Issue 67

SUNSET HUNTERS

The hotel guests the English writer Dame Rebecca West described in her 1941 classic Black Lamb and Grey Falcon, were of two kinds: they had seemed as though they had been on a honeymoon, or had been making up for the one they had never had.

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GEORGI LOZANOV

Arguably Bulgaria's most prominent intellectual, Georgi Lozanov – a philosopher, professor of mass communications in several universities and the current chief of the Electronic Media Council – has always been an outspoken critic of the system, any system. Some compare him to Noam Chomsky – but with a strong dash of the Wildean penchant for bons mots – no matter whether he is talking about the legacy of Communism, organised crime, the games played in the Bulgarian media or the best restaurants in Sofia. But Georgi Lozanov is a lot more than the Chomsky-Wilde cliché.

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DIVERSE BULGARIA

Exploring the monotonous streets of Bulgarian towns where the overwhelming majority of people are obviously Bulgarian, it may be hard to believe that multiculturalism existed in the Bulgarian lands a long time before the very term was coined in the West. Situated on what used to be a busy crossroads between Europe, Asia and the Mediterranean, Bulgaria attracted settlers, traders and invaders for centuries if not millennia.

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ALEKSANDROVO TOMB

The archaeologists who were finishing off the excavation of two small Thracian burial mounds on the spot where the future Trakiya Motorway would bypass the village of Aleksandrovo, near Haskovo, felt that day was different from the very beginning. 17 December 2000 was the last day of the excavations and brought the first bright sun after a long and depressing series of mists so thick that visibility was often less than 10 metres.

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ABRACADABRA

David and his father lived alone in a small wooden house in the middle of the woods, which David had decided must be at the very edge of the world. Their home was tucked so far into the mountains that as of yet, after seventeen whole years of life and hundreds of dogged expeditions, the boy had not managed to reach any other inhabited place, nor had he seen another person besides his father.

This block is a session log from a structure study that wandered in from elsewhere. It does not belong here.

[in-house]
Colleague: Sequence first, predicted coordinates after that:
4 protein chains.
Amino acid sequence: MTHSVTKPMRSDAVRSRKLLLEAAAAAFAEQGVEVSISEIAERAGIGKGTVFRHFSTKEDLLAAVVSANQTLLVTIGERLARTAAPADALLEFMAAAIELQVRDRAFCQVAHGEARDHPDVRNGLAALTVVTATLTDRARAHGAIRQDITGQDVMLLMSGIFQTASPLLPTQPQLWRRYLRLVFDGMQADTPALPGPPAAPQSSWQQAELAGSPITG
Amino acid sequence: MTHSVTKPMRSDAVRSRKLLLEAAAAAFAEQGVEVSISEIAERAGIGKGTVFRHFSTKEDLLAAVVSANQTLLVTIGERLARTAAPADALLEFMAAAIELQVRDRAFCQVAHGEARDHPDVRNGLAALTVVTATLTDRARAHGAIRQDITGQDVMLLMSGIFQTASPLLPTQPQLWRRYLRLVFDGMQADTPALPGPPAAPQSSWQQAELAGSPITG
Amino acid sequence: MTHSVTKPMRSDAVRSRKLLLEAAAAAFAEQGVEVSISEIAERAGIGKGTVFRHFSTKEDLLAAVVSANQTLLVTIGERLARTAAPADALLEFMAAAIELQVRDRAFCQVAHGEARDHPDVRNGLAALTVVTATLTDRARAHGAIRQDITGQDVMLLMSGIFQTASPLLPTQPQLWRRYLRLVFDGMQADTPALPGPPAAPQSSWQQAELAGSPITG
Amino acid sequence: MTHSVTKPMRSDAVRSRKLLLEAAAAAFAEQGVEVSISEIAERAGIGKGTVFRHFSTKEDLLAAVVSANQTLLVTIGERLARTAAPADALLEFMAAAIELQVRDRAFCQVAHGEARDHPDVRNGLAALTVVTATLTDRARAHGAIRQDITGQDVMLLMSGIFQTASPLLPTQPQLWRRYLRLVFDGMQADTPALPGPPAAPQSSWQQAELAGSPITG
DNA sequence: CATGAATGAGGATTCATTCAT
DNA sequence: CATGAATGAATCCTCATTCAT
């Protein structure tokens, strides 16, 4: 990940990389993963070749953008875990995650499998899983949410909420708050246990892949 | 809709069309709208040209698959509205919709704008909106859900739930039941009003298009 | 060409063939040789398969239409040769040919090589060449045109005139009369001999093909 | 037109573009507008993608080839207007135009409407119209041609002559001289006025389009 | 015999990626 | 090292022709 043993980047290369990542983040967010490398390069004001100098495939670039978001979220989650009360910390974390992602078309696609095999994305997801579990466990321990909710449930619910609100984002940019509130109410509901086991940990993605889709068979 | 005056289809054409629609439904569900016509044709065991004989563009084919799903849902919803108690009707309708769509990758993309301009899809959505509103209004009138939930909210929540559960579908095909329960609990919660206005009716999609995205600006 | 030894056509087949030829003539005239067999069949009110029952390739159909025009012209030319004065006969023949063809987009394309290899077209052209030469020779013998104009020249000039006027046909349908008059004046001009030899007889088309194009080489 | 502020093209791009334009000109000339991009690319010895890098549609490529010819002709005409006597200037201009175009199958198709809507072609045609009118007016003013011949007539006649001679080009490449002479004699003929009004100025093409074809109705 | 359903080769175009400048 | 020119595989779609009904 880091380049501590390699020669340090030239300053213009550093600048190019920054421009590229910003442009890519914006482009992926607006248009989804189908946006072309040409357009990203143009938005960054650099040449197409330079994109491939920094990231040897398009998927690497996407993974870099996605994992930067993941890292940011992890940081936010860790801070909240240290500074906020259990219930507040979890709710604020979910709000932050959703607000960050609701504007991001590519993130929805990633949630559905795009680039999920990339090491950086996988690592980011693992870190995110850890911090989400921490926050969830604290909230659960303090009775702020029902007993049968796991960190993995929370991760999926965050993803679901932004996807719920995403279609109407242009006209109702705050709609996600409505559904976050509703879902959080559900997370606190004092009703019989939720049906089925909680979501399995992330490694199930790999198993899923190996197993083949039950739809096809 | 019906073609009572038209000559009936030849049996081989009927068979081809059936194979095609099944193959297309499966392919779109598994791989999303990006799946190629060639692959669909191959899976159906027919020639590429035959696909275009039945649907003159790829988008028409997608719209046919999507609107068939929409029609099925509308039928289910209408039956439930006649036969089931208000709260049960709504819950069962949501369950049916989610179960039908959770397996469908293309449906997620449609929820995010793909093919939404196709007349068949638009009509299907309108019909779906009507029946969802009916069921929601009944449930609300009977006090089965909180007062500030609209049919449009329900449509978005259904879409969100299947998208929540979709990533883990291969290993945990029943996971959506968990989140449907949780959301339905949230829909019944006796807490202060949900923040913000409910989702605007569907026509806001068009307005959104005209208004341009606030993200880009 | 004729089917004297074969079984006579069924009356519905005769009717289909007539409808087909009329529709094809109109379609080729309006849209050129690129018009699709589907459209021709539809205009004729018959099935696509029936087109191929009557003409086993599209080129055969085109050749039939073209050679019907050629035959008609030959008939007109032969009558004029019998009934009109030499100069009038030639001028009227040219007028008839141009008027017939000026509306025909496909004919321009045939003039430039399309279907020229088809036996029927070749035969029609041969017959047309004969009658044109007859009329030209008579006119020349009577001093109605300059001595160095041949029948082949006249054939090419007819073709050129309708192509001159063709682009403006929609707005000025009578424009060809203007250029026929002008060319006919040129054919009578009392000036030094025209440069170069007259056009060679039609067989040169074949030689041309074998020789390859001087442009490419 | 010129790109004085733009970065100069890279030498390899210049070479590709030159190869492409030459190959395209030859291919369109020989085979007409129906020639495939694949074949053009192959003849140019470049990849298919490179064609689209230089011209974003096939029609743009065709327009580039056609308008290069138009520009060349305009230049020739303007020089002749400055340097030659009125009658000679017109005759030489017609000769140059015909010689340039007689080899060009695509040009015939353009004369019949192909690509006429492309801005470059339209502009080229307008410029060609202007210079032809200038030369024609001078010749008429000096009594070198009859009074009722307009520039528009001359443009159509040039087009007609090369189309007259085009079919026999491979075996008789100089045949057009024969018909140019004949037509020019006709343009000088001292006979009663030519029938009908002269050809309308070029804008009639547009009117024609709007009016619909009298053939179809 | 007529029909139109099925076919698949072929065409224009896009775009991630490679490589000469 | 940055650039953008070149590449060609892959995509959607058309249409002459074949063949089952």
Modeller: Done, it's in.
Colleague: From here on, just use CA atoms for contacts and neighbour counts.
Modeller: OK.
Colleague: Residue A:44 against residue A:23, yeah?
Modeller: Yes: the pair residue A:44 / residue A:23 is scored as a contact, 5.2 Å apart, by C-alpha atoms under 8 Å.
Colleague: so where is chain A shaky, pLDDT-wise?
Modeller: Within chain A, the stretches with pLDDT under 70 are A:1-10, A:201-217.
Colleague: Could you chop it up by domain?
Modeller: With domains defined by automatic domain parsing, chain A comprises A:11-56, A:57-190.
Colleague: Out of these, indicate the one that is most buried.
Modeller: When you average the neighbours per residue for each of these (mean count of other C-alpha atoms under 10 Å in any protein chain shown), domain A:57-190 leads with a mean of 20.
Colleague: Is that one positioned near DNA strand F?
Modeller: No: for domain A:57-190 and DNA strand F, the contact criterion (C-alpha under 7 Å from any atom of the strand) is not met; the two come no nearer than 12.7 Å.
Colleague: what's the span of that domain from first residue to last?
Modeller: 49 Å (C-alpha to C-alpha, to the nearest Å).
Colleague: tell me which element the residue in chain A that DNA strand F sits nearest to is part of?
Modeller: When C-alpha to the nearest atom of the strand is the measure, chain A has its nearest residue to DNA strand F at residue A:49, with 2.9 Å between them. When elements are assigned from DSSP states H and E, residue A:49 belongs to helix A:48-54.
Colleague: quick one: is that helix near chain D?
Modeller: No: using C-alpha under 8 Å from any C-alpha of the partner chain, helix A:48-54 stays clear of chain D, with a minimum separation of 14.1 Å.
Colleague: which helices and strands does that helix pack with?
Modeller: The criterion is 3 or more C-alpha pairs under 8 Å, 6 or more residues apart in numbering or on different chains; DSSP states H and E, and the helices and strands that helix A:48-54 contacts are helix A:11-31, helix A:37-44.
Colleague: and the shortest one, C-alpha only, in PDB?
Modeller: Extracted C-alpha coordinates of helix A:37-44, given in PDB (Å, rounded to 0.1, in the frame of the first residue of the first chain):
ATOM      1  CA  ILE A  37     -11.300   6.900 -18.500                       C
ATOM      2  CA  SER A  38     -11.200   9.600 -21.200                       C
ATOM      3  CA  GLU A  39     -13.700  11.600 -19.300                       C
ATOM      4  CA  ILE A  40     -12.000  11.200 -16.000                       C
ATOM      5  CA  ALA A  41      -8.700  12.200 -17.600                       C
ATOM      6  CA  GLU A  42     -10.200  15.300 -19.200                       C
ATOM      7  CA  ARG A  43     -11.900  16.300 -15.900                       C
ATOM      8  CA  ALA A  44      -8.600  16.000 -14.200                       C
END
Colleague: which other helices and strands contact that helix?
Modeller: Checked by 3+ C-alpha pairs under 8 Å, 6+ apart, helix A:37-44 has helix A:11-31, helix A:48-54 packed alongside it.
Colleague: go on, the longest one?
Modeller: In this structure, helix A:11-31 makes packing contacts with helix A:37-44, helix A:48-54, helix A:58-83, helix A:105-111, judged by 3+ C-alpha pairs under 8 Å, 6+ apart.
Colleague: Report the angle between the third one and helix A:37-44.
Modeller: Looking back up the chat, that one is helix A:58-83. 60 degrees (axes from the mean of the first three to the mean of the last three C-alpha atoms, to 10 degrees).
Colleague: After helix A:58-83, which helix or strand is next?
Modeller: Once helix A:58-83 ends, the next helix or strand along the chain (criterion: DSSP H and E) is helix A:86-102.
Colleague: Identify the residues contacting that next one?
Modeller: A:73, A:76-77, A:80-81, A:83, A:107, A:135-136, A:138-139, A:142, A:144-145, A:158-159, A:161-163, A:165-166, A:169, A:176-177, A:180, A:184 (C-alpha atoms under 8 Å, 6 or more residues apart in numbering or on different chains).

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BOZHENTSI

The recent craze to escape the crowds has led thousands of tourists and holiday home hunters to the traditional mountain settlements in Bulgaria. Be it the Rhodope, the Stara Planina or the Strandzha, everywhere you can find once deserted houses which have been more or less well renovated and turned into lodgings or private villas. The craze has saved almost dead villages, like Leshten and Kosovo in the Rhodope, but has also killed the erstwhile pastoral atmosphere of places like Arbanasi near Veliko Tarnovo or Delchevo near Gotse Delchev.

In this crowd, Bozhentsi stands out.

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NIKOPOLIS AD ISTRUM

In 106 AD, Emperor Trajan (98-117) was returning from his victorious campaign against the Dacians in what is today Romania. These bellicose tribes had finally been conquered and tamed. Their capital Sarmizegetusa was put under sword and fire, and the defeated King Decebalus (87-106) had killed himself to avoid capture. Trajan had finished what his predecessors ‒ and he himself, in an earlier campaign in 101-102 ‒ had failed to achieve.

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OUT IN THE VILLAGES

Britons buying in rural Bulgaria came here to acquire property and land at rock bottom prices. Considering the language and cultural differences, the time constraints and the plentiful enterprises established primarily to separate them from their money, the vast majority seem to have ended up with more or less exactly what they had hoped for. Whether they were aware of it at the time of purchase or not, they were also committing financially, emotionally and physically to their new, declining rural communities.

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QUOTE-UNQUOTE

We don't cut only ribbons, we cut cables as well.

Lilyana Pavlova, Minister for Regional Development, on removing illegal cabling in Burgas

The Bulgarian soldiers speak foreign languages, the Bulgarian soldiers fly drones, the Bulgarian soldiers get involved in intelligence, the Bulgarian soldiers are strong in the field because they know the Afghans better than the Americans do. This is a precious bit of information.

President Rosen Plevneliev during a visit to Kabul

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NO MORE DIRTY LINEN, FOREIGNERS

Bulgarian daily 24 Hours reported that the ban was announced on 19 April on the occasion of a news conference with the visiting Moldovan prime minister. Hacks were told they were not allowed to ask questions as the "conference" was meant for "statements" only. 24 Hours went on to say that Prime MInister Boyko Borisov had threatened to impose the measure as early as the end of 2011 when some Bulgarian reporters dared ask questions during the visit of US Secret Service chief Mark Sullivan.

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BULGARIA'S MEDIACRACY

Ever wondered who Bulgaria's biggest advertiser in the media is? No, it's not companies with traditionally hefty publicity budgets such as British Airways, Rolex watches, Volkswagen cars or LUKoil. It is... the Bulgarian Ministry of Agriculture.

Data published by Kapital weekly reveals that in 2009 and 2010 the ministry spent on advertising respectively 930,000 and 750,000 leva excluding VAT. In 2011 the figure rose to 1.8 million leva. In 2012 the Agriculture Ministry plans to spend 4 million leva of EU funds on advertising in the local media.

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